I spent quite a bit of time enjoying TV Garden, although it was not the original version. I believe this one was created in 2000, and honestly, I am unsure if Paik was directly involved with the installation process itself. This particular version is at the Nam June Paik Art Center, located about an hour south of Seoul in a small city called Yongin. It is a nice facility, and this installation alone makes a visit worthwhile.
Paik has nearly 40 TV monitors (it was difficult to count, but I think I got to 38) of various sizes scattered, or rather, planted, throughout a real live green garden. At first, I thought that the plants were fake, but they aren’t. They are 100% real. It’s a unique sight to see televisions peeking out through the bushes, knowingly sharing the same soil as plants – almost as if both (plant and TV) need the soil to survive. It’s a rather poetic installation, and probably one of my personal favorites.
Each TV screen is playing a 30min or so loop of Paik’s video piece Global Groove (1973). However, not all of the screens match, meaning that the loop is playing the video at different parts on different monitors. It creates a bit of dissonance within the piece. The installation highlights the notion of the peaceful coexistence of technology with nature, but also technology with technology. Again, I do find this piece to be incredibly poetic in nature (pun intended)– both visually and philosophically.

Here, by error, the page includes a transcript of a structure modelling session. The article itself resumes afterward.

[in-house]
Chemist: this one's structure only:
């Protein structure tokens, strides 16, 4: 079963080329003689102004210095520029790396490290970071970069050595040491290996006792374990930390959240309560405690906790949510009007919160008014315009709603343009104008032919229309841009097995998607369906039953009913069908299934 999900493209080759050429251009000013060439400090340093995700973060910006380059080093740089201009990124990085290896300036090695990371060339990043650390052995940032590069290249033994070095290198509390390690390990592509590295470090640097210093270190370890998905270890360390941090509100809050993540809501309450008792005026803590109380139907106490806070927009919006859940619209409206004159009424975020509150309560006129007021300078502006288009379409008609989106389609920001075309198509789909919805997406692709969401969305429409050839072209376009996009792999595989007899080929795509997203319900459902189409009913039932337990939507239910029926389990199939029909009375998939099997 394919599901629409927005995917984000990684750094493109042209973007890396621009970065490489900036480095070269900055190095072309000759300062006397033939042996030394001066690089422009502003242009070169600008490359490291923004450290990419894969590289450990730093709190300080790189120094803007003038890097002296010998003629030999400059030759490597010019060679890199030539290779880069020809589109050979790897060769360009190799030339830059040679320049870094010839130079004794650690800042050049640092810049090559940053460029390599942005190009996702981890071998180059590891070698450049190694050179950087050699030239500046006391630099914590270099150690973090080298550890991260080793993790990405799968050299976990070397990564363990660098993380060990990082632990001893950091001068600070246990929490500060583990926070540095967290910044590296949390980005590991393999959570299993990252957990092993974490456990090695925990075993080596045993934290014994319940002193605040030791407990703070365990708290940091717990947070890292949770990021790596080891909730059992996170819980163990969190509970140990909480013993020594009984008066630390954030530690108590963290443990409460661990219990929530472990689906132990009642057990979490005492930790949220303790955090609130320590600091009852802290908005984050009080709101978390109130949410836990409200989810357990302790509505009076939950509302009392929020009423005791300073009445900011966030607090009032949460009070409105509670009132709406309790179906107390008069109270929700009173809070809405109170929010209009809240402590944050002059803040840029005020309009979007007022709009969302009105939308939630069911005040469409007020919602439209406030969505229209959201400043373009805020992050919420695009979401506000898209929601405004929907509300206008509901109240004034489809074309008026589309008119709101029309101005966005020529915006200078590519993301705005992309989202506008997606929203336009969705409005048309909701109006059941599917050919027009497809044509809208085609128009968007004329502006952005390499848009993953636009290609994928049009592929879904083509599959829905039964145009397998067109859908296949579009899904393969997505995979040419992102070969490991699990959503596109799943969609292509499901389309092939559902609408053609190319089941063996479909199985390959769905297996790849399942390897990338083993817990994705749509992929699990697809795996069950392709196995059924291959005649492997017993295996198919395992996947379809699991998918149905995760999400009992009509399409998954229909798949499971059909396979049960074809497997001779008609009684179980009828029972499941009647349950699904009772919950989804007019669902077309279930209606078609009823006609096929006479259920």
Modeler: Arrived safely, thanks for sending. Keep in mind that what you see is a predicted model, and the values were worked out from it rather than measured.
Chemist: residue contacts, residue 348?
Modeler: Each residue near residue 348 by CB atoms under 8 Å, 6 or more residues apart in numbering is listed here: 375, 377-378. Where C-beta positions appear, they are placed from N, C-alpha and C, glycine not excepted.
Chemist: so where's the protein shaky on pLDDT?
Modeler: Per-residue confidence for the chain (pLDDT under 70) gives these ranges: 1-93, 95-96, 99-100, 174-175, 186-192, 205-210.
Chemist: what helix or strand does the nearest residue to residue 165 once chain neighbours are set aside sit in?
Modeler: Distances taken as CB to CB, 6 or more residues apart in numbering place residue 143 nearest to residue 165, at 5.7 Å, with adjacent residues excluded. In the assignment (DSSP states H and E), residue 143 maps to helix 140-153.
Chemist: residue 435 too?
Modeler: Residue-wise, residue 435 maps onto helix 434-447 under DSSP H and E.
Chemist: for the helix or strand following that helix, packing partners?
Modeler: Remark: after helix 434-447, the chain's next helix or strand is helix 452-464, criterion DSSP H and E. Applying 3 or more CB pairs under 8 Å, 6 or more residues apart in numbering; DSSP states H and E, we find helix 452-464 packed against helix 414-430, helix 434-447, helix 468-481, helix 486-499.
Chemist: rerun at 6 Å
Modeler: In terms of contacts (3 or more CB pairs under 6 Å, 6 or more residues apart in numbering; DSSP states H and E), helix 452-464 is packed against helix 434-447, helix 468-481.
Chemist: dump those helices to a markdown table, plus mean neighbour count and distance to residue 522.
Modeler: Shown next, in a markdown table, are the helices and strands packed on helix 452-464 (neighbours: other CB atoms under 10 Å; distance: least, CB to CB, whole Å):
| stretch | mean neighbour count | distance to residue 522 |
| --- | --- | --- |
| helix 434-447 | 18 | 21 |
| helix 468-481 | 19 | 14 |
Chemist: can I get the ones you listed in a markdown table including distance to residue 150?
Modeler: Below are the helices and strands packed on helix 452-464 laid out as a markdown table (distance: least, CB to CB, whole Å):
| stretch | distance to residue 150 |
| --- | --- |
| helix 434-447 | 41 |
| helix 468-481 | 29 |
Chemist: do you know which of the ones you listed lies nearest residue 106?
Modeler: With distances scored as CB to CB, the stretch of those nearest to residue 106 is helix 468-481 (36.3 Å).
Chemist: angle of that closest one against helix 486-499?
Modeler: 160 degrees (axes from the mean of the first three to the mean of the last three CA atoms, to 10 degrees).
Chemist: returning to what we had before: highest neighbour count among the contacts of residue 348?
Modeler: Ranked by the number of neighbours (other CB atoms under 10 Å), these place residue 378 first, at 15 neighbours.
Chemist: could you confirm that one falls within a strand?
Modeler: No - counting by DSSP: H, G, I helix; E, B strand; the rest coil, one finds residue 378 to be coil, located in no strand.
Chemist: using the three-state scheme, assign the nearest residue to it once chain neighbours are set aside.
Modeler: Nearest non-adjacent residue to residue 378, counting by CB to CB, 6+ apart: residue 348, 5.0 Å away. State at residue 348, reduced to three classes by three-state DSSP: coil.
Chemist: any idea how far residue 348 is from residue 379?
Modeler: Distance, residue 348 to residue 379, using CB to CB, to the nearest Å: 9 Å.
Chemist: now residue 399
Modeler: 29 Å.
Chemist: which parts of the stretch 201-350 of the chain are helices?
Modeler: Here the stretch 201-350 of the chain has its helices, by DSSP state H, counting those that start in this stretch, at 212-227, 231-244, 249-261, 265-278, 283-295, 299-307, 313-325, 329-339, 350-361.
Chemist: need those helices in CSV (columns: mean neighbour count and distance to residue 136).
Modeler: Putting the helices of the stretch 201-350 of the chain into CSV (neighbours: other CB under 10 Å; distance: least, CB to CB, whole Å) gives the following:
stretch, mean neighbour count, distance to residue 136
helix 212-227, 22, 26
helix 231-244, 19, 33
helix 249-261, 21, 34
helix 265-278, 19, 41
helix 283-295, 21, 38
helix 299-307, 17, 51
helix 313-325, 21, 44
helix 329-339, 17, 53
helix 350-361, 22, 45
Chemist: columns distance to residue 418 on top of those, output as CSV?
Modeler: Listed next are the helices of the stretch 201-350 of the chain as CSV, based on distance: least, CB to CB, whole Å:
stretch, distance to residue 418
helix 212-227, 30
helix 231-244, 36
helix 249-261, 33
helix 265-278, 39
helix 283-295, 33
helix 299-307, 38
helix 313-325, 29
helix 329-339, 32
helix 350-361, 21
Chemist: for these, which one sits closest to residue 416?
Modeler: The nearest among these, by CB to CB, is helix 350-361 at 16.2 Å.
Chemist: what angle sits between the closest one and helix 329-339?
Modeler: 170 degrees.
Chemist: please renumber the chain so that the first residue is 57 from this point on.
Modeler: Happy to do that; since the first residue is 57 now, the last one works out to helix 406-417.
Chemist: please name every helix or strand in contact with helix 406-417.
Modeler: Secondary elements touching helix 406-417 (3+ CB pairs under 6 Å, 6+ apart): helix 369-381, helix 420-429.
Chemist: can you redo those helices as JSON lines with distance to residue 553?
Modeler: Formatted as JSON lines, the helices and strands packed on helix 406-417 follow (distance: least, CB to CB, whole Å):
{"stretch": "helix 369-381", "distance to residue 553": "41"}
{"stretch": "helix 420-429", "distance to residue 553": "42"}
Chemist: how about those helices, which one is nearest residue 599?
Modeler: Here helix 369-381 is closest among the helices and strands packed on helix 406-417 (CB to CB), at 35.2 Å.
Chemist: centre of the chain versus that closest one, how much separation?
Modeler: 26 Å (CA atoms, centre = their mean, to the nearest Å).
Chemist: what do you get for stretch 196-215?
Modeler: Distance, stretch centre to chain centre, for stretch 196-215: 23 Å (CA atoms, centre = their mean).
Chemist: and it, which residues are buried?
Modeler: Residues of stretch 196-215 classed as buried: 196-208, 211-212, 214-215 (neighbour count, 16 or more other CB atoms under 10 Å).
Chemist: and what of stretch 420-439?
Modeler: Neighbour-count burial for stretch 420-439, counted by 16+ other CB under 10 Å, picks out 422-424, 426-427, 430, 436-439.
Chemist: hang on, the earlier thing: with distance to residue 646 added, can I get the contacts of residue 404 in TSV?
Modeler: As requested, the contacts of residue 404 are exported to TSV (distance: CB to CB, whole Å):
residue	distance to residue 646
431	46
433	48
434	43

I think that Paik’s recycling the components of a previous work is telling. Once more, bringing forth a question of technology and the different elements used to make up the whole. Global Groove is a video art piece, but it needs monitors for an audience to enjoy it. It also needs speakers, since so much information is also conveyed via a musical soundtrack. If the TV monitors were flickering non-sense, or not turned on at all, TV Garden would be rather dull art installation.
In fact, some monitors were not on (most likely because they the tubes had burned out), and others were turned sideways or placed completely upside down. I wondered about the varied monitor placement. Did Paik envision the monitors in various positions, so much so that you’d have to kink your neck to view the video? Most likely he did. He was a jokester in many ways, as he never thought that life should be taken so seriously, yet he still managed to make some serious strides in advancing communication in the realm of art and new media.
Ultimately, TV Garden allows the viewer a unique opportunity to interact with a large number of TV set, almost like a sports bar, but instead of mindless images being thrown your way, you find yourself pondering, once more, about the relationship between man, machine and nature.
When I come to think of it, how do they water the plants to keep them alive without killing the TV’s? Organic life needs water and some TLC, but man made life certainly does not…